Insurers have now seen a continuing uptick in claims associated with the recent Southeast Queensland and New South Wales flooding, according to the latest update from the Insurance Council of Australia (ICA), with the finger of blame firmly pointed at climate change by some scientists.
The latest insurance and reinsurance loss estimate is now A$1.3 billion, it added.
The figure is up by $300 million on the previous estimate.
The update from the ICA represents a 28& increase in claims over the weekend, and has been driven by an almost 50% rise in claims from New South Wales as policyholders start to return to their homes in the region.
However, the final loss tally could be even higher. S&P Global Ratings has suggested a loss estimate of between A$1 billion and A$2 billion of insured losses for this flood event.
S&P noted that the costs could approach the 2011 Brisbane flood event – an A$2.1 billion industry loss.
The intense rainfall which caused the recent flooding was due to a very slow-moving low-pressure system dragging moist air from the Coral Sea onto the east coast, according to Nina Ridder of the University of New South Wales in Sydney.
Climate change is probably also a factor because as the atmosphere becomes warmer, it can hold more moisture, she added. “For each degree that the atmosphere is warmed, it can hold 7% more water and that’s 7% more water that can fall to the surface.”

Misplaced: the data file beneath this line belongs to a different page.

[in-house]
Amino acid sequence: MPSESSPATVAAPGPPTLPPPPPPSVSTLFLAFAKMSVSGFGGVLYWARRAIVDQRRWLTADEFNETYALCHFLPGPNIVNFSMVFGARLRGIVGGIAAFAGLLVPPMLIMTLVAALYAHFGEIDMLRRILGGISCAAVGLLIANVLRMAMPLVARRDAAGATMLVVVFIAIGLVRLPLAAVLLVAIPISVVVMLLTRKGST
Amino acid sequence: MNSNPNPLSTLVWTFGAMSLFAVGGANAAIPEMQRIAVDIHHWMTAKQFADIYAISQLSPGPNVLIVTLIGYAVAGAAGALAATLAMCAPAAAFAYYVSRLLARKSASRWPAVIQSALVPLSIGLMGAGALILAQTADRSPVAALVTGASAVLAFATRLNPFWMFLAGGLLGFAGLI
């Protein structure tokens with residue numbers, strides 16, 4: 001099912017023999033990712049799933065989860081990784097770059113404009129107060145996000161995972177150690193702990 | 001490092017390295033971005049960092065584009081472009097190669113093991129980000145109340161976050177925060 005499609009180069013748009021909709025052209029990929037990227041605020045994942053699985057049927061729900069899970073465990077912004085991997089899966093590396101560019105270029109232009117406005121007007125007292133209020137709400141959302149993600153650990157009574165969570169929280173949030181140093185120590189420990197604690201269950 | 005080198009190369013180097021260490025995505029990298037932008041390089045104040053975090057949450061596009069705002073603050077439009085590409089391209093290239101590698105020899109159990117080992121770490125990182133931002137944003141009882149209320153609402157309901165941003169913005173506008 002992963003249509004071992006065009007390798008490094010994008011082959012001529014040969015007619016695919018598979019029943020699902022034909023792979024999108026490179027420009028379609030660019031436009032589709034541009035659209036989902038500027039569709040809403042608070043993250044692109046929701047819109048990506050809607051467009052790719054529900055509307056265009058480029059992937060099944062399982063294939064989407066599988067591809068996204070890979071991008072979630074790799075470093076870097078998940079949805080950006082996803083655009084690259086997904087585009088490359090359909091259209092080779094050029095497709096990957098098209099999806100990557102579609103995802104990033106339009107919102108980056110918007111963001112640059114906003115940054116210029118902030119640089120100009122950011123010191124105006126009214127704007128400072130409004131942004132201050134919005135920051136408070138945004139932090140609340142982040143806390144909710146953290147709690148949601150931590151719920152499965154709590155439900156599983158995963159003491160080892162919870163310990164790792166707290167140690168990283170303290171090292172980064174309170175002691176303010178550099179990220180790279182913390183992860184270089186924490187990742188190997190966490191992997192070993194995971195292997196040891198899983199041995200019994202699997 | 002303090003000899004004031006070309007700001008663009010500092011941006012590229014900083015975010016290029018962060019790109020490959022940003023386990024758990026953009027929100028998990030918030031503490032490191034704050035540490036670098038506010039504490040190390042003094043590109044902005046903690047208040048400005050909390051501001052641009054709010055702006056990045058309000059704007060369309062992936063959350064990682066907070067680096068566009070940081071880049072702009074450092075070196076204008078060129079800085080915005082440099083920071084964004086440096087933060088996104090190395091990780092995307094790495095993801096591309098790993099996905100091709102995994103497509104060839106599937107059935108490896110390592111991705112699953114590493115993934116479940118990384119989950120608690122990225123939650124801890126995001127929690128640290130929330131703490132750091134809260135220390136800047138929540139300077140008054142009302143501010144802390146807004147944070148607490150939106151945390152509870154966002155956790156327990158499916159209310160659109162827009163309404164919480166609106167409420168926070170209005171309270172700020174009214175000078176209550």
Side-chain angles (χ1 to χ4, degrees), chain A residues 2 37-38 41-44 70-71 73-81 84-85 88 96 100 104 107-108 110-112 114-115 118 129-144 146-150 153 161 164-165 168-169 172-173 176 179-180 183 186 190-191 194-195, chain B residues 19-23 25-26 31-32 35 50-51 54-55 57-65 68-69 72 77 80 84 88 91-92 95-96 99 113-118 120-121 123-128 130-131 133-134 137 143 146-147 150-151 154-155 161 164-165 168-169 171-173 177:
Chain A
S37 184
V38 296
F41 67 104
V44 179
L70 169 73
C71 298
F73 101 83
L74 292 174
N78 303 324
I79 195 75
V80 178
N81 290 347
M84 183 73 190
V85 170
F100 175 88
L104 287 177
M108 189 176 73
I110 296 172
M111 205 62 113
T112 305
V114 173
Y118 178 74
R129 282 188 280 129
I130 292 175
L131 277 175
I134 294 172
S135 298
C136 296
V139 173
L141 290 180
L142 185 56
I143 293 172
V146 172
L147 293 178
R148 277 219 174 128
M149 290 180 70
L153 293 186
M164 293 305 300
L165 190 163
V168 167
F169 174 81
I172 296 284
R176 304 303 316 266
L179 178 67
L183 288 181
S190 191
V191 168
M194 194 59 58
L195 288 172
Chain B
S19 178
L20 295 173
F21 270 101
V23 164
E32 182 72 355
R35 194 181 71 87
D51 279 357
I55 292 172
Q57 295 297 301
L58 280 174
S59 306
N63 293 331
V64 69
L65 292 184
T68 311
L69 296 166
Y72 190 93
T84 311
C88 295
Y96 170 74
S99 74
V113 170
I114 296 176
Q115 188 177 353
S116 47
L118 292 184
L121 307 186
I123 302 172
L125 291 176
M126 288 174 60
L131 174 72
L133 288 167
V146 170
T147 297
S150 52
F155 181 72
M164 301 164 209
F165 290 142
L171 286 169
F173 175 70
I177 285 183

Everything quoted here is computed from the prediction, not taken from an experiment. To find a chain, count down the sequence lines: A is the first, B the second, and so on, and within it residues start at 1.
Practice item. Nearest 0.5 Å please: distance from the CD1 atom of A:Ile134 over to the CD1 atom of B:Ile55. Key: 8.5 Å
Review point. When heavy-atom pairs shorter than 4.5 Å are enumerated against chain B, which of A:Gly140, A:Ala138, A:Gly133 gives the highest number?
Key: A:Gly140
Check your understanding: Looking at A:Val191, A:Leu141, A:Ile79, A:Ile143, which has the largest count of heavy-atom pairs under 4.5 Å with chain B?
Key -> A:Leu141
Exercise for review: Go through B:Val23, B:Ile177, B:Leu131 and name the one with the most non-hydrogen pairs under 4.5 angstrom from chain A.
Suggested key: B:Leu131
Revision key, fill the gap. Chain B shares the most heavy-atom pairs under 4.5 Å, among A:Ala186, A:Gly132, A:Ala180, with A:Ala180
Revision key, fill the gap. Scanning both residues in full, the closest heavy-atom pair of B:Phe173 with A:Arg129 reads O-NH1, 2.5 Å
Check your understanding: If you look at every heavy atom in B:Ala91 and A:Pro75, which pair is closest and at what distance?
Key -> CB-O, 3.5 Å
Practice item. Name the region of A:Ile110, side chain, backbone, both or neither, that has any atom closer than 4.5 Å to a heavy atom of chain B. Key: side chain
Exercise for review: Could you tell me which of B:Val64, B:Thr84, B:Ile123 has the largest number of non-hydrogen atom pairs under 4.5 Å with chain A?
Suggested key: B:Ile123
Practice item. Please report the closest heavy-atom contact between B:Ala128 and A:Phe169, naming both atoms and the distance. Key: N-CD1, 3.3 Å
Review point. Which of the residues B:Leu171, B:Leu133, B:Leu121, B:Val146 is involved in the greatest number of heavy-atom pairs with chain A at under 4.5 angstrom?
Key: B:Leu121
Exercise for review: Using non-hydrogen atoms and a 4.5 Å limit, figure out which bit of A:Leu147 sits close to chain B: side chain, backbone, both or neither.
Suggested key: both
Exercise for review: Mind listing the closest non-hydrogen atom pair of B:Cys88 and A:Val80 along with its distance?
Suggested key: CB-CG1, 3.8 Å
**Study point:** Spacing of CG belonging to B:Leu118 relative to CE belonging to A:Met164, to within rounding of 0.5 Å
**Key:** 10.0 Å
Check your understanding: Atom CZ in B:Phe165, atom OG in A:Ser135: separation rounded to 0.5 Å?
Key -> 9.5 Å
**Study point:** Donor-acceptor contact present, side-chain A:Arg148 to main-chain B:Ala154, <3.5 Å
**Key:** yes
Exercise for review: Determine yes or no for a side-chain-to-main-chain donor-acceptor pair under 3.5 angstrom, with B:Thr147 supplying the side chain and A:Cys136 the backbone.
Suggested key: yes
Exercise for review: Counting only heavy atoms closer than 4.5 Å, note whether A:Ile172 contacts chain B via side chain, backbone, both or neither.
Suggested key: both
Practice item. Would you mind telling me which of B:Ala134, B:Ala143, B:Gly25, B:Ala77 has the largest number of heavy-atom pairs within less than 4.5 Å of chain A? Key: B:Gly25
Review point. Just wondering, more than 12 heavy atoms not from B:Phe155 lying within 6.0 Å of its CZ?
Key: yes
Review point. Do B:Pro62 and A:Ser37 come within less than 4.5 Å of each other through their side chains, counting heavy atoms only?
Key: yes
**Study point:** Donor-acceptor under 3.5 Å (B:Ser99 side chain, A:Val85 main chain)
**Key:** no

Currently, the ICA notes that 72% of claims are from Queensland and 28% from New South Wales, with 83% of total claims across both states for domestic property, and the remainder for motor vehicle.
Andrew Hall, Chief Executive Officer (CEO) of the ICA, said: “The ICA and insurers are now on the ground in a number of locations supporting communities in their recovery. We continue to hear reports that some customers are uncertain about whether to discard destroyed property.
“Insurers are encouraging customers to take photos and video and retain serial numbers and other identifying information if it is known, however they are not required to retain destroyed property, particularly if doing so would cause a health risk.
“As expected, claims continue to grow from this widespread event, which is shaping up to be one of the most significant floods this country has experienced. We will always have extreme weather in Australia, but if we want different outcomes the future Australian governments must increase investment in measures to retrofit homes and better protect communities.”